The 10X Delivery Plan is a bold investment in Northern Ireland’s future

By Joshua Taggart, Junior Consultant


Back in May 2021, Northern Ireland’s Department for the Economy set out their ambition for a ‘10X economy, a transformational mind-set centred on what can be achieved with the right levels of ambition’.  

The plan was intended to futureproof Northern Ireland’s economy not just by providing sufficient levers to stimulate recovery from the Covid-19 pandemic, but also ensuring that future growth and innovation was inclusive and based on skills for future industries being available to all.

Criticisms of the plan centred on the lack of specific proposals. Sure, we can all agree that growth should be possible across the economy to maximise results – it’s impossible to ‘10X’ the NI economy if tech is the only sector thriving in the 2020s – but God is, as they say, in the details, and such details were sparse.

The Government has now published the 10X delivery plan to remedy this situation, and while the introduction of specificity is welcome, it’s notable that the foreword to the plan is written not by a Minister (as would be customary if Stormont was sitting) but instead by the Permanent Secretary for the Department, Mike Brennan.

Brennan notes the progress already made towards the realisation of 10X despite the lack of a functioning executive and the need for political stability to support economic sustainability. This concern was reflected back in May, when the local elections resulted in a historic win for Sinn Féin, the party calling for the immediate restoration of the Executive. While the DUP continues to critique the Windsor Framework and fray their relationship with mainland Conservative allies, the Northern Irish electorate remains in limbo.

Elements of the 10X delivery plan are certainly forward-looking and reflect a department which is considering long-term growth strategies as well as immediate Covid-19 recovery policies. Increasing total R&D expenditure by 55% is a positive demonstration of faith in high-skilled industries such as artificial intelligence, data analytics and biotech, while a target of 80% green energy consumption will certainly support the growth of green industries.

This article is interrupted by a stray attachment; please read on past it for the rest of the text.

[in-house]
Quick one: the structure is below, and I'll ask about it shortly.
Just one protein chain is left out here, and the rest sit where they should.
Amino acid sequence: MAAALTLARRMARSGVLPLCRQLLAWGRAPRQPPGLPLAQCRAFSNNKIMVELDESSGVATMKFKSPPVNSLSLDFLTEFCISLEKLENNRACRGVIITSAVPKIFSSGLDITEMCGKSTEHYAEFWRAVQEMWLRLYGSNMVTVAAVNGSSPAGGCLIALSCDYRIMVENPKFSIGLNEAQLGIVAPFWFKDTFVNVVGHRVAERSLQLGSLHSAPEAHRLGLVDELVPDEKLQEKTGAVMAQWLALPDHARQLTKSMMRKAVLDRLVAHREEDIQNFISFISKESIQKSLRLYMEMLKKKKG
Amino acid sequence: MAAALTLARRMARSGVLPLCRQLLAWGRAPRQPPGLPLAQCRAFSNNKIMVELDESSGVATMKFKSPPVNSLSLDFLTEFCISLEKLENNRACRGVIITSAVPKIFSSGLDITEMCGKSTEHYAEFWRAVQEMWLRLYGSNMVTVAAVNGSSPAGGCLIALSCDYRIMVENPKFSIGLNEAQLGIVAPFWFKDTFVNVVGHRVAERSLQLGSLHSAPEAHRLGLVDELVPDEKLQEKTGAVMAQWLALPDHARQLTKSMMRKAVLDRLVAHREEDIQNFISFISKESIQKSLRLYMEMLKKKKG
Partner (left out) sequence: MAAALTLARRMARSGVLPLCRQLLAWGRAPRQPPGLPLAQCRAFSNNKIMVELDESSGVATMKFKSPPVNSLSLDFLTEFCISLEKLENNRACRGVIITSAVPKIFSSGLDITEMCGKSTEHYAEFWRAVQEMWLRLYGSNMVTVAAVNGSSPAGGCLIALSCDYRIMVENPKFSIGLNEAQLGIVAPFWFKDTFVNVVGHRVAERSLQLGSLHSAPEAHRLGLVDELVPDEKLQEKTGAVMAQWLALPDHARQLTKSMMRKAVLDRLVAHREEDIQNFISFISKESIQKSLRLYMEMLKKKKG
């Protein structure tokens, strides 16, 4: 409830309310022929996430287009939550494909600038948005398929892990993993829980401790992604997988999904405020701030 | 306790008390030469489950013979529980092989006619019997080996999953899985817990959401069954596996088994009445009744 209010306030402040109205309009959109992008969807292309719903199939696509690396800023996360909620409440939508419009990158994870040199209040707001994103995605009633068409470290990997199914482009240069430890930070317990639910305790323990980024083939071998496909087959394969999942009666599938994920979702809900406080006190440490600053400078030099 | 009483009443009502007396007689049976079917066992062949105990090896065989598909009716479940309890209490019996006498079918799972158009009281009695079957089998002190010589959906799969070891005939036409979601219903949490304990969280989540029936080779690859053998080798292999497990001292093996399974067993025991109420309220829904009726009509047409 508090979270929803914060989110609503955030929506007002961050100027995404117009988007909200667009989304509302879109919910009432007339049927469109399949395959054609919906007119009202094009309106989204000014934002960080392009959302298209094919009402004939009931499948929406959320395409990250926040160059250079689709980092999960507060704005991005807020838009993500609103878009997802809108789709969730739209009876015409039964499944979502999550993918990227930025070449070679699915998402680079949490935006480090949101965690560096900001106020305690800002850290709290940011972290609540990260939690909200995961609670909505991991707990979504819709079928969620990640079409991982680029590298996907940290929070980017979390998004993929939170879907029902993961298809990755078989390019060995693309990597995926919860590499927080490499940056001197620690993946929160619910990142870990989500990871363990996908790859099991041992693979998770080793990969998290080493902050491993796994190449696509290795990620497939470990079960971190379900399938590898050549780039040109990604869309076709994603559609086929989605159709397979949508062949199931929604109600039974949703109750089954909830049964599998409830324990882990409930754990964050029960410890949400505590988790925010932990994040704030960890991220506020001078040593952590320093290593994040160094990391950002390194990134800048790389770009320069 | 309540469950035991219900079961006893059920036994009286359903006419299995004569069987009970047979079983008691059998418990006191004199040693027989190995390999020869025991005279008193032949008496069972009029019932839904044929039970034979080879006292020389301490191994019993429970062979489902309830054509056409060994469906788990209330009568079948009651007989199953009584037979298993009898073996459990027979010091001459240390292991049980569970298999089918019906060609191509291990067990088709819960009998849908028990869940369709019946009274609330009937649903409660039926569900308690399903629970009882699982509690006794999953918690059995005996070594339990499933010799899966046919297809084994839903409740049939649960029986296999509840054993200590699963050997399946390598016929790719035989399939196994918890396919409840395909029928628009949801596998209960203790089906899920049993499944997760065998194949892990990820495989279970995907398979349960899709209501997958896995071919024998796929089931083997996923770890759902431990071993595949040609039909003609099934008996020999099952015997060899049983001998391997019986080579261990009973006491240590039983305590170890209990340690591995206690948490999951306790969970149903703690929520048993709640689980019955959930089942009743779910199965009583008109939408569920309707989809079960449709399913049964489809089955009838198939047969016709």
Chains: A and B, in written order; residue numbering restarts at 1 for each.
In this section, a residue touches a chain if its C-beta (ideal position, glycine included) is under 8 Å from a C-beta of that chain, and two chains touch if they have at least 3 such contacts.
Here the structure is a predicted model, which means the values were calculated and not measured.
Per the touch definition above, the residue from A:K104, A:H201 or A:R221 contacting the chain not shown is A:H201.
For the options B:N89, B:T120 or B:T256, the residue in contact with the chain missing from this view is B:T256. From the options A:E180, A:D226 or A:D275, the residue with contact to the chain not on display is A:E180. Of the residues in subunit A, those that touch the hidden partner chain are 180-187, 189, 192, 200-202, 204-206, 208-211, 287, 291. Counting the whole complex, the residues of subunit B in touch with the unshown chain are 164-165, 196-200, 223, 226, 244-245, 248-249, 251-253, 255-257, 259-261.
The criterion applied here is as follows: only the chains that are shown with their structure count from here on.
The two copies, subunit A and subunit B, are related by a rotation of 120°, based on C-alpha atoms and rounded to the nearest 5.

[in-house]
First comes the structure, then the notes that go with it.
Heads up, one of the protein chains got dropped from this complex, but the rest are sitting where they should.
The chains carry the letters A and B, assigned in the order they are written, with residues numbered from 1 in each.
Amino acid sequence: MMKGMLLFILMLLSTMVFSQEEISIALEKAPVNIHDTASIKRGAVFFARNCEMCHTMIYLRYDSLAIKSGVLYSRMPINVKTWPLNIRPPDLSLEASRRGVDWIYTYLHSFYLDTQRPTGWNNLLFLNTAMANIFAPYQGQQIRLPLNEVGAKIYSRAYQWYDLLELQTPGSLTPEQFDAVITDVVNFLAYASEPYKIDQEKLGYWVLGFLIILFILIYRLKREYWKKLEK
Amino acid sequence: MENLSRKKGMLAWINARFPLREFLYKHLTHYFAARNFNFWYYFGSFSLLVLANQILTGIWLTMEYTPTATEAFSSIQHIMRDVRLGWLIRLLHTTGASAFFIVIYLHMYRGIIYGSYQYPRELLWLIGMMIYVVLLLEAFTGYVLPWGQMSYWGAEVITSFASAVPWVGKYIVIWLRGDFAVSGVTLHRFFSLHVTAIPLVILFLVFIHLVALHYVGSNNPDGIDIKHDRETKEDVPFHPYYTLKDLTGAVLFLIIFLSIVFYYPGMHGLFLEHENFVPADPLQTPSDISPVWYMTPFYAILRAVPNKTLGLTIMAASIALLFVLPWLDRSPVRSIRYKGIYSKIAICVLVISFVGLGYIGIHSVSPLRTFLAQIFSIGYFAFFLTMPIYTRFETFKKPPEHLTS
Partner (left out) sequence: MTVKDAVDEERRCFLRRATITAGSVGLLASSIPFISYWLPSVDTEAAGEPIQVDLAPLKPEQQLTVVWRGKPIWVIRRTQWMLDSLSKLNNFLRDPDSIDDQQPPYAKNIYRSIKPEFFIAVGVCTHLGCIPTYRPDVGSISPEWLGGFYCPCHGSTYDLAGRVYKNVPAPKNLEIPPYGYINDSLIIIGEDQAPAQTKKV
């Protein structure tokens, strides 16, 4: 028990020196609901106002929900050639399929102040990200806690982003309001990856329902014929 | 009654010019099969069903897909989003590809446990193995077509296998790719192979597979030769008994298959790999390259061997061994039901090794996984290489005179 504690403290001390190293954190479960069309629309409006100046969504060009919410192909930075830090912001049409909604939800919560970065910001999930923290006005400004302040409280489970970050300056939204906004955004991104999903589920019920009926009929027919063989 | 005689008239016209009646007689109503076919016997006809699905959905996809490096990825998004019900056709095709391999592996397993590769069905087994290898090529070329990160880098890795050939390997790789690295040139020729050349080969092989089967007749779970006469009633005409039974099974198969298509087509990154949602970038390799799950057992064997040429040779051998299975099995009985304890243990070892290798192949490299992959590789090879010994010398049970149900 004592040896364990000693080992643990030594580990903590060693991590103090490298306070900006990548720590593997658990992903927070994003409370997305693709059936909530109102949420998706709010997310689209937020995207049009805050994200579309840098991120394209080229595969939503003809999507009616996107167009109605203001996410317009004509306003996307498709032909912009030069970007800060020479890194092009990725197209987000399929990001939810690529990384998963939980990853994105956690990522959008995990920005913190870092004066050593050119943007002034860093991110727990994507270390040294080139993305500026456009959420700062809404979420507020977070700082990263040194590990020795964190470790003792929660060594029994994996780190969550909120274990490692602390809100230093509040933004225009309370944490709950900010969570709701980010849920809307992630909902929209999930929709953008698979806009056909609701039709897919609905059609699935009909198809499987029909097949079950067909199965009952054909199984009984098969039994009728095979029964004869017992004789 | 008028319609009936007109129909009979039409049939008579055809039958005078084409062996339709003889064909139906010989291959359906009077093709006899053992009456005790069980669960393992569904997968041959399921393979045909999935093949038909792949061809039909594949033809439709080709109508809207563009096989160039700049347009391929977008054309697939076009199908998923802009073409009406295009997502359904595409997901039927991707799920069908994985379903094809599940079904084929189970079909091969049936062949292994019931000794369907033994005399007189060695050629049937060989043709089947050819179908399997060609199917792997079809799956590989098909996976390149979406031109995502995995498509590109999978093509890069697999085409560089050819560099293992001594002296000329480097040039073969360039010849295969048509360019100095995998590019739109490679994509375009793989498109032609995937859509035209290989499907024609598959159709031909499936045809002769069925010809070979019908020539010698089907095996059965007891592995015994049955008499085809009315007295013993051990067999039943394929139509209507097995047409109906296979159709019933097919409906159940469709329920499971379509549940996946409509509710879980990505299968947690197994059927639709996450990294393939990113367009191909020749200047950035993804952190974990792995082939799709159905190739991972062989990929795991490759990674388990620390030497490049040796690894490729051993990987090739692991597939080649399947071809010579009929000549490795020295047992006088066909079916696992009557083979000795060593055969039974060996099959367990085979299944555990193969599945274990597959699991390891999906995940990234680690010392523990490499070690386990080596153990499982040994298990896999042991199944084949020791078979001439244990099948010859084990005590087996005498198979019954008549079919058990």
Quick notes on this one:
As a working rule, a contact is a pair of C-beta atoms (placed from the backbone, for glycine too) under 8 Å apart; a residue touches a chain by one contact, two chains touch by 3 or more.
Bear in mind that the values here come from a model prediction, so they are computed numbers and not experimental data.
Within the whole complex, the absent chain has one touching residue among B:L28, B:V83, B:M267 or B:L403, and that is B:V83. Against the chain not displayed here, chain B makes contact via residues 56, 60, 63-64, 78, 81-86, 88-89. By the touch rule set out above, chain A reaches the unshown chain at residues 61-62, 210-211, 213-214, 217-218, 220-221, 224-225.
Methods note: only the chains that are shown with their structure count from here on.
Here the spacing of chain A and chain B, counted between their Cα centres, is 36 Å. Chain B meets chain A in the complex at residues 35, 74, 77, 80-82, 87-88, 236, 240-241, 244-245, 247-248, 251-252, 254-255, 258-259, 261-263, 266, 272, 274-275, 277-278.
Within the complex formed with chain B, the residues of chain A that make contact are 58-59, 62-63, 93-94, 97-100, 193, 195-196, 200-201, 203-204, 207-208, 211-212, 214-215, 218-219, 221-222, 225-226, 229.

It would be worth matching such lofty targets for greenhouse gas emissions reduction with financial incentives for green businesses and renewable energy sources, such as lowered rates and expedited planning reform, if we’re to hit such targets in a reasonable time frame. The hydrogen industry, in particular, requires a huge effort to ensure grid compatibility and could unlock thousands of jobs, and billions in revenue if correctly implemented.

One of the key pillars identified in the delivery plan is the education of the future workforce. Getting this pillar correct is crucial to ensure that supply-side reforms to boost certain industries are met with a sufficiently-skilled workforce – there is little point bringing tech startups to Belfast if no-one can code or focusing on sustainability without green skills. The Department for the Economy will need to work closely with the Department for Education on green and tech apprenticeships and the necessary tax incentives and training schemes to make sure a futureproof workforce possible. It would be great to see more detail on future collaboration between the two departments on this point.

The greatest question posed by the 10X plan is one which isn’t addressed in the plan itself – if Northern Ireland is to have an economy fit for the future, what about its political structure? The greatest question in Irish politics – the suitability and sustainability of the Good Friday Agreement – isn’t going away any time soon. Nevertheless, the 10X delivery plan demonstrates a Government which is looking in the right direction, marrying the liberation of private-sector potential with more concrete government targets for employment, sustainability and innovation.  

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